1. Initial Intake: Initial intake appointment gathering basic background, symptoms and goals (1 hr)
  2. Testing: Psychological testing (1-6hrs)
  3. Write-Up: Psychologist writes-up the results (2 weeks)
  4. Results Session: Review of results and recommendations for treatment

Initial Intake and Testing

Let’s drill down into the details of testing. Once the tests are chosen, the evaluation is typically done in a formal manner by a licensed psychologist or therapist in their office. Depending upon what kind of testing is being done, it can last anywhere from 1 hour to a full day and consists largely of computer and paper-and-pencil tests.

There are generally four categories of tests:

  • Clinical Interview. The clinical interview is a core component of any psychological testing. Some people know the clinical interview as an “intake interview”, “admission interview” or “diagnostic interview” (although technically these are often very different things). Clinical interviews typically last from 1 to 2 hours in length, and occur most often in a clinician’s office. Many types of mental health professionals can conduct a clinical interview — psychologists, psychiatrists, licensed counselors, clinical social workers, and psychiatric nurses.
  • IQ. The most commonly administered IQ test is called the Wechsler Adult Intelligence Scale—Fourth Edition (WAIS-IV). It generally takes anywhere from an hour to an hour and a half to administer, and is appropriate for any individual aged 16 or older to take. (Children can be administered an IQ test especially designed for them called the Wechsler Intelligence Scale for Children – Fourth Edition, or the WISC-IV).
  • Personality Assessment. Personality assessment is designed to help a professional better understand an individual’s personality. Personality is a complex combination of factors that has been developed over a person’s entire childhood and young adulthood. There are multiple variables that influence our personality such as genetic, environmental and social components. Personality tests take this into account. There are two primary types of personality tests 1) objective, by far the most commonly used today, and 2) projective. Objective tests include things like the Minnesota Multiphasic Personality Inventory (MMPI-2), the 16PF, and the Millon Clinical Multiaxial Inventory-III (MCMI-III). Projective tests include the Rorschach Inkblot Test, the Thematic Apperception Test (TAT), and the Draw-a-Person test.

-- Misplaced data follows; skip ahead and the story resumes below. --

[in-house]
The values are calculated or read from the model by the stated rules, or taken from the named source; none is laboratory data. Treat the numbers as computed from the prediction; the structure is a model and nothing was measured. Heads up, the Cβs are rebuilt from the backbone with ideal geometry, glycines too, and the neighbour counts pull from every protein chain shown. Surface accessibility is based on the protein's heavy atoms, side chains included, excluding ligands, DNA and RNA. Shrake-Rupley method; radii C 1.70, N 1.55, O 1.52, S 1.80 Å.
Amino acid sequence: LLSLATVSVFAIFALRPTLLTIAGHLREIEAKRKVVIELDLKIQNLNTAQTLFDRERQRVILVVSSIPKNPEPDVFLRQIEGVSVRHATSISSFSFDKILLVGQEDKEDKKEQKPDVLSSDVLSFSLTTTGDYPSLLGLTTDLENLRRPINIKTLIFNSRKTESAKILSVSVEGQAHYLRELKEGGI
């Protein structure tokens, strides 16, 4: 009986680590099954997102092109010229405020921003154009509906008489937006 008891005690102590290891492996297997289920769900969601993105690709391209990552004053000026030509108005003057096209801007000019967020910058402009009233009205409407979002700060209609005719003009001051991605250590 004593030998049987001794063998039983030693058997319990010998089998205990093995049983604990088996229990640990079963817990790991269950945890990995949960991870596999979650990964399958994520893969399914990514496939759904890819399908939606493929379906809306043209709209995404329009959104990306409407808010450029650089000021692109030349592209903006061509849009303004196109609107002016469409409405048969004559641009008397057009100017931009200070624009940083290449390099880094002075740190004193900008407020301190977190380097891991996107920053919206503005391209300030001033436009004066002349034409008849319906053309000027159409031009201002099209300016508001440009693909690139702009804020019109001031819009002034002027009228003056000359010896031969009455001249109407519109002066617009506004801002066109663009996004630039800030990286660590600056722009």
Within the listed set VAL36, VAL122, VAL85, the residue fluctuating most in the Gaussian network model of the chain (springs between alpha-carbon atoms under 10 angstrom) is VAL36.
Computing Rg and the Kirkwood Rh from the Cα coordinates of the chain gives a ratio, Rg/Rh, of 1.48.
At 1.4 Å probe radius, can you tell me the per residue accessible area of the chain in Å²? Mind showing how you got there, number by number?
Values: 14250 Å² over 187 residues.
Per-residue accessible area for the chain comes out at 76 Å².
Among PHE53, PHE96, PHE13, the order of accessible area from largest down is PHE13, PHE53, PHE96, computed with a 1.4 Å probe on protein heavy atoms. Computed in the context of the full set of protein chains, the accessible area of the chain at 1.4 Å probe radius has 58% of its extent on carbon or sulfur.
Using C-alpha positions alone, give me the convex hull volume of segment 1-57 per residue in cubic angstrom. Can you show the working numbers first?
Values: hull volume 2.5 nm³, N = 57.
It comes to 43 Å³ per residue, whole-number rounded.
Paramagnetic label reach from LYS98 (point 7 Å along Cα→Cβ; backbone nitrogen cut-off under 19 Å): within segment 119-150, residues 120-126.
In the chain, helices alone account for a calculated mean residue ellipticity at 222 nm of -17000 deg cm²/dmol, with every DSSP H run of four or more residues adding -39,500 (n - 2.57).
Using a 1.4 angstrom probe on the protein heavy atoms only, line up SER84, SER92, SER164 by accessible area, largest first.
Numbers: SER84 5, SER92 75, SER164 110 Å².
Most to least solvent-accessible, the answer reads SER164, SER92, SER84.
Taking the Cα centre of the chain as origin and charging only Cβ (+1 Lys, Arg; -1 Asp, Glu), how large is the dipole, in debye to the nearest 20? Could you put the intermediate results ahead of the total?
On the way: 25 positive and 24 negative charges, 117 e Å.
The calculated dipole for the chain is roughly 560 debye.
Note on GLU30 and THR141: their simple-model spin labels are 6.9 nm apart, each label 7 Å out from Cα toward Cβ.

• Behavioral Assessment. Behavioral assessment is the process of observing or measuring a person’s actual behavior to try and better understand the behavior and the thoughts behind it, and determine possible reinforcing components or triggers for the behavior. Through the process of behavioral assessment, a person — and/or a professional — can track behaviors and help change them.

In addition to these primary types, other kinds of psychological tests are available for specific areas, such as aptitude or achievement in school, career counseling, management skills, and career planning. For instance, in our Kentucky office, we provide neuropsychological testing for head trauma, sports injuries, pre-employment and a bunch of other neuropsychologically-related areas. 

Results Session – What Next?

At the results session, you will meet with the psychologist and go over the results. You should get a copy of the full psychological evaluation (typically 5-20 pages). It should be broken down into the following format (or something very similar):

  1. Basic Demographic Information
  2. Reason for Referral
  3. Names of Tests Administered
  4. Data from Each Test
  5. Results (Diagnoses)
  6. Recommendations
  7. Signature and Title of Psychologist

A good psychologist will go through the entire document, explain the tests used and results fully. He or she will also review all the recommendations which will likely include one or more treatments like outpatient therapy, medication evaluation with a psychiatrist or placement in residential treament. The most important sections are the Results and Recommendations. The Results are the psychologist’s list of diagnoses that were supported from testing and observation. The Recommendations is the ‘what now’ piece where you understand your options for treatment based on the results. If you don’t understand something, ask. They should completely answer any questions you have.

A great psychologist will either offer a list of specific providers who offer the type of intervention or care recommended or refer you to a therapeutic placement consultant or educational consultant who can help with treatment placement.

Cost

If you are paying out of pocket, expect to pay $500-$2500 for the entire evaluation service. If you have insurance, contact the insurance company before scheduling an evaluation and ask what their coverage is for outpatient therapy and what your copay will be.

FAQ

Q: What if I disagree with the results or think the psychologist did a bad job?

A: During the final session when results are discussed, present your concerns and be a specific and factual as possible. Psychologists can only test based on information they have. If the psychologist had all the information but ignored important pieces, discuss this and, if necessary, make sure they do retesting to capture what they missed.

Q: Our daughter needs testing for an IEP at school. Is there a difference between psychological testing and testing at her school?

A: The testing you need is referred to as psychoeducation testing and often includes IQ testing. Testing for an IEP within a school system is not supposed to be used for diagnoses, only determining elegibility for an IEP or 504.

Q: How do we find a psychologist to do an evaluation?

A: If you are working with a therapist, start by asking if they have any recommendations of someone they trust and have worked with. If you are flying solo and have no one in your corner yet, check out Psychology Today (https://therapists.psychologytoday.com) > Type your Zip code into the search box > Under the Treatment Orientation on the left side, choose Psychological Testing and Evaluation. You should get a list of providers that conduct evaluations.